Since becoming widowed, I have been told, in essence, that the second year of grief is more difficult than the first. I have heard it said so many times that I felt there must be some truth to it. I’m only a few weeks into my “Year Two” and probably unqualified to really weigh in on it, but I’m going to, anyway.
So far, I wouldn’t label this year as “more difficult”, unless difficult by this definition means lonely. I’ve spoken before about my dry spell (yes, sorry, this is going to be one of those posts – it’s not exactly a pleasant topic, yet I’ve always spoken (much-too-) openly and let you (far too deeply) into my world) yet here I sit in an absolute drought.
I’m not talking strictly about sex, although that is obviously a big, looming void in my life right now. But I am seriously missing intimacy and simple physical contact, as well. I’ve also spoken of that before, too. Although I hug my children (and kiss them good morning and good night) as often as I can, it just isn’t the same. And it really can’t be, can it?
I’ve found myself more nights than not sleeping on my husband’s side of the bed with my arms and legs wrapped around a pillow or two, assumably seeking out the warmth and comfort I used to find there. That is, when I sleep.
Sleep has become almost elusive again. Despite a rocky start last year, I had been on a fairly good streak there for awhile. Although I don’t sleep anywhere near the way I used to, recently I could easily catch 5 or 6 unbroken hours, and often a few more. Lately, though, I wake somewhere around 2-ish unable to go back to sleep the way I would have in (what seems to me) the distant past until shortly before the time my alarm goes off.
My husband was the one who suffered from insomnia through the years. I would tease him, bragging that I could sleep anywhere, anytime. And I could. Years of long-distance car rides as a kid taught me to grab a nap whenever possible. Well, be careful what you say, because it may just come back to bite you.
Perhaps I was able to sleep so soundly because I was safe in the knowledge that A was always protecting me. I never had to be on my guard. He willingly took that role on himself; it came naturally to him.
During the daylight hours, he often walked around so lost in thought or planning what came next in our lives (and scanning the horizons for predators, much like a meerkat) that I would make fun of the creases between his eyebrows, telling him to stop scowling because he could hold a quarter in the wrinkles. Well, these days when I venture a look into the mirror, I’m starting to see those same creases between my own brows. Again… be careful what you say.
Everyone used to be so intimidated by that look, though. Which might have been a good thing because people generally left us alone. I now find this somewhat ironic, since alone is sometimes the last thing I want to be these days, yet I have no idea how not to be. Does that make as much sense outside my head as it does in it?
Because A and I got together so young, I never struggled with the dating scene that so many people have had to deal with. I never had blind dates, no laughably horrendous series of first dates with no hope of second ones, no bad breakups – none of these. Thankfully!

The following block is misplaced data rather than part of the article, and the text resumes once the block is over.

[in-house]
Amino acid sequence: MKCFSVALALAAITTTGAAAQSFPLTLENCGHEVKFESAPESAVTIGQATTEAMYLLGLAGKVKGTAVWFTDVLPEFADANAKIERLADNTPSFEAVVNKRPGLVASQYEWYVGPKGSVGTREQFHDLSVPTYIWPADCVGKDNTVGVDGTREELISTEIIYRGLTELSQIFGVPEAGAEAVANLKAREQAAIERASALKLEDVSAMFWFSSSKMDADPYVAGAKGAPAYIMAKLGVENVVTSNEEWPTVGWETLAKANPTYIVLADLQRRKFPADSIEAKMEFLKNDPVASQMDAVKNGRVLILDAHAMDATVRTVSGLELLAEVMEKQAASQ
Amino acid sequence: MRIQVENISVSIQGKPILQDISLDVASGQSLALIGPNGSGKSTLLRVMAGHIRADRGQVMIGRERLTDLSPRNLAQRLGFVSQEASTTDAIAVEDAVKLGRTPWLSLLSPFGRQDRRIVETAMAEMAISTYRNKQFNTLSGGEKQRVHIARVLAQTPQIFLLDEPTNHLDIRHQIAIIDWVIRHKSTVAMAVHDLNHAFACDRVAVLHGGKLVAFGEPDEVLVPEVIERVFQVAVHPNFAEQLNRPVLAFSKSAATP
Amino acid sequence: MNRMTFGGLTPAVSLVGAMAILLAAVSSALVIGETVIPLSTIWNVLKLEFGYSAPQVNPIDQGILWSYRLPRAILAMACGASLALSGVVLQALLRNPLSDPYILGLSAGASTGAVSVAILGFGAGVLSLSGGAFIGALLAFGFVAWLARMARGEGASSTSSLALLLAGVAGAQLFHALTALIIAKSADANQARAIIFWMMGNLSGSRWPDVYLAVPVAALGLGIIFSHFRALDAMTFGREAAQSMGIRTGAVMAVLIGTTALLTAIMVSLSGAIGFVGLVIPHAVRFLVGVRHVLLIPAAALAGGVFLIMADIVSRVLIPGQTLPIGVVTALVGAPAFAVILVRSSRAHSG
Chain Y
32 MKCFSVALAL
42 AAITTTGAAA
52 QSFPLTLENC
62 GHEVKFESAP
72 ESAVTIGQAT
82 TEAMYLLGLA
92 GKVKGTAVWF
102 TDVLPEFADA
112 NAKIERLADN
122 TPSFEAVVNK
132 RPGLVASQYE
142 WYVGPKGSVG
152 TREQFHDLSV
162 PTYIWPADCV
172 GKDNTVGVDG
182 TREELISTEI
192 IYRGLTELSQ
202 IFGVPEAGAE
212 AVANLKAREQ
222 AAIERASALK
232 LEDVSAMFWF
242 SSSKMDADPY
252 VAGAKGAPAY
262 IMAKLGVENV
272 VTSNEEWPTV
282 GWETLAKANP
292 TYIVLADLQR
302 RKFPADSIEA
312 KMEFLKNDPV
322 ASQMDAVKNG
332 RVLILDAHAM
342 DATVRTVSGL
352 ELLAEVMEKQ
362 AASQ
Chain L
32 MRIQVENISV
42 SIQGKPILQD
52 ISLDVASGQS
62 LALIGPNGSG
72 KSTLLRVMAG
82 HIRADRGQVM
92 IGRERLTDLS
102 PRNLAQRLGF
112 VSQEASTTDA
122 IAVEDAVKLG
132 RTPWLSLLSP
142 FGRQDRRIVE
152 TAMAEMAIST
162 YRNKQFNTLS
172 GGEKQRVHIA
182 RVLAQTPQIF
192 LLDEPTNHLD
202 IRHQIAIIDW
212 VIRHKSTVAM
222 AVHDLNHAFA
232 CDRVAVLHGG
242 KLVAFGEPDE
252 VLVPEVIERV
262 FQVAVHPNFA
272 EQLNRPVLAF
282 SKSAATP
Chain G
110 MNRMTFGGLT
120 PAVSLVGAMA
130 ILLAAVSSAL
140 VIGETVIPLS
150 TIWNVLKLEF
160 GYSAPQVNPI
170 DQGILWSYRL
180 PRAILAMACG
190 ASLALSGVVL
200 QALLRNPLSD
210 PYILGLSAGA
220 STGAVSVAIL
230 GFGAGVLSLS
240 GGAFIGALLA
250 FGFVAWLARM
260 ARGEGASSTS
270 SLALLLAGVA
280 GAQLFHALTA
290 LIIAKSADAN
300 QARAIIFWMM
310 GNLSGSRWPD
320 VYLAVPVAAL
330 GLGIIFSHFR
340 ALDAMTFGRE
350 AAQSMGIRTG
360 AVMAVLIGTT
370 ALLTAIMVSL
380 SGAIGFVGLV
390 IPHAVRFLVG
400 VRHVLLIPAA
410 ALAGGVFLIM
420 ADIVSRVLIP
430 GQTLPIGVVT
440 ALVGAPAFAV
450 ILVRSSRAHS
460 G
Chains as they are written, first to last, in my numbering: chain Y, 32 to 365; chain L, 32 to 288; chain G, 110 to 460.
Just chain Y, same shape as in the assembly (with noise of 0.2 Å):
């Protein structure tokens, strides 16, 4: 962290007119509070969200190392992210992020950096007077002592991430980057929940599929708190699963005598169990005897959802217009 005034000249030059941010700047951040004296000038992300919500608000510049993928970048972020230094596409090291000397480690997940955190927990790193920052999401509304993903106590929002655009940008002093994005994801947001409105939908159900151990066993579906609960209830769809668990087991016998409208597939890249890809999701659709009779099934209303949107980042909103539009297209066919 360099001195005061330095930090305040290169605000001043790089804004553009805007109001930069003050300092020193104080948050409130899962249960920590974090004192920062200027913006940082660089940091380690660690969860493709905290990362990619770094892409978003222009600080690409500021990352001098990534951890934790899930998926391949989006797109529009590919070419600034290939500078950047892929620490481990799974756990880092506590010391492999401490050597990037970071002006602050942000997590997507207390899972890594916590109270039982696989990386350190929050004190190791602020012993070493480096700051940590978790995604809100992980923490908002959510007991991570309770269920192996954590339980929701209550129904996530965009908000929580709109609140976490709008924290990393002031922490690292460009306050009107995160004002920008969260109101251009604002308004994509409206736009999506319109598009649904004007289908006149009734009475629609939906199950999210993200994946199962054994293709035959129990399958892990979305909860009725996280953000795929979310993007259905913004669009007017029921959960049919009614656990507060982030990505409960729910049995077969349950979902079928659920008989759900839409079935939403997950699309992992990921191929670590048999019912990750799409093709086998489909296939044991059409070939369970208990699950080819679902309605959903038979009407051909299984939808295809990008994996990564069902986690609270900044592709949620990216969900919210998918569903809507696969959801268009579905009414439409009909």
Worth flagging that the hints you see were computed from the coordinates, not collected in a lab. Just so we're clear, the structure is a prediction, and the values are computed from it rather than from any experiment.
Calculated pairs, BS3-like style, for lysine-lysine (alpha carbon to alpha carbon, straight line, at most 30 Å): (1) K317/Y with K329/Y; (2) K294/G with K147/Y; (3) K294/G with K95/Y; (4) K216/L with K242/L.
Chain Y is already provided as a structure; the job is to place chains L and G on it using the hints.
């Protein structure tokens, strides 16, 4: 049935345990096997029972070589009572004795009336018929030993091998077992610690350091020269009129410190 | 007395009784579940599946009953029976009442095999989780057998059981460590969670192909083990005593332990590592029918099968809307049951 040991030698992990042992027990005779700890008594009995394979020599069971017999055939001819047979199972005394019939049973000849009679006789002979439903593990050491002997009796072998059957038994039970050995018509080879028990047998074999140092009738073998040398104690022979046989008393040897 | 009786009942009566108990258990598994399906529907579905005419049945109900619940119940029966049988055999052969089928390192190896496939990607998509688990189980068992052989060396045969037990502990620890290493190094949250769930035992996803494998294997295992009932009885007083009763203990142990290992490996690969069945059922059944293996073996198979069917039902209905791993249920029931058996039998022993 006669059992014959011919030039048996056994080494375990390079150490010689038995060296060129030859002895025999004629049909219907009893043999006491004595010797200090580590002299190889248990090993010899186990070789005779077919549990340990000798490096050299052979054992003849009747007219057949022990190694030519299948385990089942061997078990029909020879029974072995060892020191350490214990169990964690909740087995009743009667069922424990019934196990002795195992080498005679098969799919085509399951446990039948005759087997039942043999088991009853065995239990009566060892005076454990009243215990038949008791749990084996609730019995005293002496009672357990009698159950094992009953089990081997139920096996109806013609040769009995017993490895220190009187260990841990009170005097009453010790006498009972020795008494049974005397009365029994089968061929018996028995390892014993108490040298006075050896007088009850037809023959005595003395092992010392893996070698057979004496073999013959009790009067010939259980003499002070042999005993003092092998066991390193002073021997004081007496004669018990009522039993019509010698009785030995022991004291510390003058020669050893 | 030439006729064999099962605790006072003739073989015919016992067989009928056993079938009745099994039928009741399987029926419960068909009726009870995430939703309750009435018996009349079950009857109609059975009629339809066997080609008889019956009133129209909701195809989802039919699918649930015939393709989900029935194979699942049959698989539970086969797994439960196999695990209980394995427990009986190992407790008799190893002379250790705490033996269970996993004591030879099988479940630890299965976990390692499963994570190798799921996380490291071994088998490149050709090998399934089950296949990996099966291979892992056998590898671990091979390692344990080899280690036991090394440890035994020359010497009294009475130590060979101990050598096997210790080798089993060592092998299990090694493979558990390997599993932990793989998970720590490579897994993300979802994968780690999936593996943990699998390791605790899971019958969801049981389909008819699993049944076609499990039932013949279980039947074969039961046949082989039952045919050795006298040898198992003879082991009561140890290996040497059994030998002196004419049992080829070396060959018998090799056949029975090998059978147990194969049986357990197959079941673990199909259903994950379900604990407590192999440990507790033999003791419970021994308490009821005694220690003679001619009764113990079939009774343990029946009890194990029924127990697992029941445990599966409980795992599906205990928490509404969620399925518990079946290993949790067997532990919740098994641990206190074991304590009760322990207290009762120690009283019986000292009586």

But also because we got together so young, I have virtually no experience on what to do if and when I do dip my toe back into the dating pool someday. The last time I had to go looking for someone, I didn’t actually have to go far; my “dating scene” was homeroom. And my future husband actually came looking for me after I bumped into him at a high school football game.
So my experience is essentially nil. Add in how shallow everyone says the dating pool is, how high the bar has been set for love thanks to a romantic, committed husband, and my own socially awkward, neurotic, quirky self, and the odds aren’t exactly in my favor to find someone new. IF I choose to find someone new. Heck, I can’t even bring myself to change my marital status on Facebook to Widowed because I don’t want to aaccidentally lose that connection with my husband’s account! (See how I go round and round with this? This is just a peek into my scattered, unsure mind. Is it any wonder I’m kept awake at night thinking about “stuff”?)
I’m starting to wonder if it would even be worth it to find someone new. I keep hearing horror stories from other widows who have dated so many losers, many of whom are only looking to bilk them of any money they might be hoarding, or thinking they’ve struck gold with a lonely woman in a dry spell of her own, so they don’t even have to make any real effort towards romance. And it seems few try.
Then again, by the time I’m actually, really ready to date and I might find someone who could be interested and that interest is possibly reciprocated, and it gets to where it might actually happen, I’ll be so out of practice that it might be better off to leave things alone. Major dilemma.
What it all boils down to is this: Although I’m really hating my lack of physical contact, I dread doing anything to change that in the near future and have to resign myself to the fact that if and when this drought ends, I either pity or envy the man who brings the monsoon. ‘Cause it’s going to be memorable either way…
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